the beautiful lake at val de vie estate, reflecting the magestic drakenstein mountains.

bucks and wildlife. Alongside equestrian sport, the estate is known for its award-winning wines. These are made from the Rhône cultivars and pay homage to the winemaking traditions of the French. The Val de Vie wines are currently sold throughout South Africa and are exported internationally. For Martin Venter, the journey of building Val de Vie into what it is today has been one of hard work. “We have had to work extremely hard to get to where we are today, and I could not have done any of this if I did not have a team of dedicated people who saw the vision and ran with it.” The residential split of the estate is particularly unique. “We find that most of our residential buyers are South African looking for value, security and exclusivity. We do have a growing number of buyers from across the continent, Europe and America. A large number

A Man of Definitive Vision “We’ve had to work extremely hard to get where we are today. And I could not have done any of this if I did not have a team of dedicated people who saw the vision and ran with it.” of our local residents are from Johannesburg & Pretoria who have relocated here but still run active businesses in Johannesburg, London and the rest of the world. That’s the beauty of the estate, it offers you an ideal live-work position and from an investment side you have better liquidity if your primary residential location is close to a CDB and an airport. In the long-term Val de Vie affords you a worthwhile lifestyle investment.” The concept of family is very important to the live-work-play balance at Val de Vie. A father of two, Martin is a keen polo player and cites Cyril Ramaphosa and Johann Rupert as business leaders who have inspired his outlook on business. Martin attributes his success in development to two salient points. “There are two things I firmly believe in: you never sell a good property and when there is blood on the streets, buy.” It has been said that opportunity favors the brave and in the case of Martin Venter, bravery and opportunity converged on an old Cape farm, its potential skillfully unearthed to create a visual masterpiece.

Leonhard Jonas: For former investment banker

Leonhard Jonas, life at Val de Vie is nothing short of outstanding. He enthusiastically invites, “Look at my view; how beautiful is this! And the best part is it takes me all of 5 minutes to get to work!” Leonhard is a director of Guardian Development Projects, a residential property development company situated on the Val de Vie Estate. Like Renier Swart, Leonhard exchanged his Pretoria boardroom for one with a better view. “The return on investment on a property at Val de Vie is twofold. On the buying side, there is the capital appreciation of an asset in a sought-after residential estate, and then there is the strong rental component. There is huge demand for rental properties on the estate. Irrespective of the property price you can expect a 5% plus rental return on your property. So from an investment point of view the numbers at Val de Vie make sense.” With the Paarl and Franschhoek Valley regions being declared a World Heritage site, development options in the area will soon become limited due to stock availability. Leonhard explains, “property is all about supply and demand. There will come a point at which nothing more can be developed in the Valley. At that point, when the demand comes you will have a great return on your investment, if you have invested well in the supply.”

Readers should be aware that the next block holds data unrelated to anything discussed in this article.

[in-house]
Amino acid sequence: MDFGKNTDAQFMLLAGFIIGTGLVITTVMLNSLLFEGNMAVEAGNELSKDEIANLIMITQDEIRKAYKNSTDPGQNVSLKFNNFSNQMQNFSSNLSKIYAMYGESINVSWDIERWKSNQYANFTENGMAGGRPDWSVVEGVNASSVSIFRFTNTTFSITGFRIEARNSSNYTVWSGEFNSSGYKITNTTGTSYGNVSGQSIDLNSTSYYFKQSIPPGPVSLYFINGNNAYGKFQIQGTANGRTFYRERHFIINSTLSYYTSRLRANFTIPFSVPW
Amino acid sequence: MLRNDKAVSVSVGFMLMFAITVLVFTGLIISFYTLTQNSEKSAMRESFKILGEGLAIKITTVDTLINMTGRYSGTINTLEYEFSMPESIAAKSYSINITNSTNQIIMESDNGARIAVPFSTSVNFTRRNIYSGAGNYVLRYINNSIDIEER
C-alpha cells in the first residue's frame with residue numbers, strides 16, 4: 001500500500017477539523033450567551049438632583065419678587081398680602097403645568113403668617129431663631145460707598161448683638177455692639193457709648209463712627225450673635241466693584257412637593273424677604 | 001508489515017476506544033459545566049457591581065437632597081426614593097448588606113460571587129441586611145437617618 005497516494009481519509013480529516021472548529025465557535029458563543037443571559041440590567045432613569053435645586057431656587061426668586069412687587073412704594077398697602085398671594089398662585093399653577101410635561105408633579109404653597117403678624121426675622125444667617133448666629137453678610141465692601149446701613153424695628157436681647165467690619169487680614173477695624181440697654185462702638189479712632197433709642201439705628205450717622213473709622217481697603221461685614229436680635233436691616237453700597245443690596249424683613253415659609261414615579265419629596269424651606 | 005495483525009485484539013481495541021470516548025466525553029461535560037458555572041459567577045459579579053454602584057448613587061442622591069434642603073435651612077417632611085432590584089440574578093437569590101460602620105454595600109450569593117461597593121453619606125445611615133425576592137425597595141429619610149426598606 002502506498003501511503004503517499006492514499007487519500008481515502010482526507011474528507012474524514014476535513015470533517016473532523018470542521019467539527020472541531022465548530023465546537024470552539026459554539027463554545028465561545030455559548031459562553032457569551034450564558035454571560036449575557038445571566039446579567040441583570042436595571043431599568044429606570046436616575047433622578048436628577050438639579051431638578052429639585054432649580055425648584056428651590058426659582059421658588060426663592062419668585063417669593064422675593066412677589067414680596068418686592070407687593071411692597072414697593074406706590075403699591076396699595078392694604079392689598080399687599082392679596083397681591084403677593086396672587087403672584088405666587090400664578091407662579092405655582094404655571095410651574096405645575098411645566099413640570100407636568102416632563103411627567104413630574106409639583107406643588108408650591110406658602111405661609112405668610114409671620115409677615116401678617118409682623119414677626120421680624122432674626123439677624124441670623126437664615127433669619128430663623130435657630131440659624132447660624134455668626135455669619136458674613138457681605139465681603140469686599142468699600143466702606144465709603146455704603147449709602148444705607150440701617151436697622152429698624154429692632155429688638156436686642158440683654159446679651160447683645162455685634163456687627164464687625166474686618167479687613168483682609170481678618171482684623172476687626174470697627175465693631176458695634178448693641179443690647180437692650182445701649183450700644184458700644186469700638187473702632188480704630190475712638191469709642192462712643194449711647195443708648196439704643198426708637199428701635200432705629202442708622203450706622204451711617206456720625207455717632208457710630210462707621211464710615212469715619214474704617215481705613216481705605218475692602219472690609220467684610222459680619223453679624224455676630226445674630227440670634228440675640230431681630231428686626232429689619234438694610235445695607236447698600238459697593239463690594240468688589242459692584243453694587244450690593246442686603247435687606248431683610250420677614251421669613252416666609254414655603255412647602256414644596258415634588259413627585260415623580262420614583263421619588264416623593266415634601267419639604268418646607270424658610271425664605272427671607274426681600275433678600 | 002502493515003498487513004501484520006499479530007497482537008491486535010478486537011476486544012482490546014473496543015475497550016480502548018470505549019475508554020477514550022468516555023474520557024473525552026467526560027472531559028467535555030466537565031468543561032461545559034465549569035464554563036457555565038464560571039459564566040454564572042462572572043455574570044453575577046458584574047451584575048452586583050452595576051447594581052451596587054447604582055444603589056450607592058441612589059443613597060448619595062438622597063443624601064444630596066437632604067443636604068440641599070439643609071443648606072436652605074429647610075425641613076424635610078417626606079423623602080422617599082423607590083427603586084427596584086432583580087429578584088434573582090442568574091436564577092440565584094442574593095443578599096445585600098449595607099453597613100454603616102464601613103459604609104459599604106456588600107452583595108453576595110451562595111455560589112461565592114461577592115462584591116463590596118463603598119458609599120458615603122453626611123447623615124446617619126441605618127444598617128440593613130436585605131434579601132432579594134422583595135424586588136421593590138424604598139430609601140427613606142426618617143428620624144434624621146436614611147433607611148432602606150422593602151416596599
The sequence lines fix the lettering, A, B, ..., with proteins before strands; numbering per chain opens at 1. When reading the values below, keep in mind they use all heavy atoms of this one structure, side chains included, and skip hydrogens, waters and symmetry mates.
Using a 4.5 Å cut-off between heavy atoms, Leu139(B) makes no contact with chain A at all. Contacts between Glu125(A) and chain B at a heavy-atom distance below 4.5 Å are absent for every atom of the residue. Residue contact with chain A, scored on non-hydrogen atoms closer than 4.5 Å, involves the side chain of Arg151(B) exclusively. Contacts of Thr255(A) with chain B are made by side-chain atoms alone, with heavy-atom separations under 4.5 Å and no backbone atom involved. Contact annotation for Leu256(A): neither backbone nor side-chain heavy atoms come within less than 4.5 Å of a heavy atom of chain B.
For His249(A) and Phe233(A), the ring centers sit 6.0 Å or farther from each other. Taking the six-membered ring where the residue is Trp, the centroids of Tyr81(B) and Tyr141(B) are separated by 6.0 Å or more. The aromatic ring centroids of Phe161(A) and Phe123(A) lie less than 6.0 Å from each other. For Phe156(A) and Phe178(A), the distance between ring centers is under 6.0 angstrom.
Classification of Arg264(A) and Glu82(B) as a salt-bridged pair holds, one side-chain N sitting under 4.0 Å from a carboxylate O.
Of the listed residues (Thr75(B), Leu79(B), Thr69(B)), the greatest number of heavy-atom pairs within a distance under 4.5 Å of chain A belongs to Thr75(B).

Renier Swart is a Pretoria man through and through,

however after 37 years of “winning the rugby”, he decided to relocate to the Western Cape for a change in lifestyle.”I run my own businesses located across the country in Vereeniging, Durban and Cape Town. I decided to move to the Cape in 2007 and discovered Val de Vie. At first I wanted a plot as an investment but soon realized that this was where I wanted to live. I have a young family, two kids under the age of 4, so deciding to build our first home together on the estate was the most natural decision for me and my wife.” Renier’s previous Pretoria home was in the affluent suburb of Waterkloof but it was Val de Vie’s security and proximity to good schools that swung the vote in favor of life in the Franschhoek Valley. “I was very impressed with the security on the estate. From every access point and along the perimeter it was clear that security was a top priority. That coupled with an additional R4 million security upgrade and proximity to some of the leading schools in Paarl & Franschhoek, I knew this is where I wanted to be for the long term.”

the polo field at val de vie washed in the golden rays of the paarl sunset.



A place of sheer and utter beauty set amongst the rolling vineyards of the Winelands, and bordering the Berg River, lies Val de Vie Estate - nestled between Paarl Rock and the majestic Simonsberg mountains towards the Franschhoek Valley - affording you & your family the secure and idyllic country Lifestyle you deserve....let us introduce you to your new home!



on show seven days a week

plots priced from R600k | off plan homes from R1.695m | completed homes from R3.2m email or ph 021 863 6101 or 082 55 333 96

construction- and project management

At Guardian construction- and project management we understand the emotive nature of building a dream home. We provide that vital independent and professional service to plan, lead, organise and control the management of projects and programs, from inception to reality.

Architectural design | Engineering services | Building and construction | Interior design and -decorating Landscaping | Procurement of finance | Project management | Specification consulting

Visit our showroom at The Polo House, 268 Les Lions Street, Val de Vie Wine and Polo Estate, Paarl C +27 83 641 888 7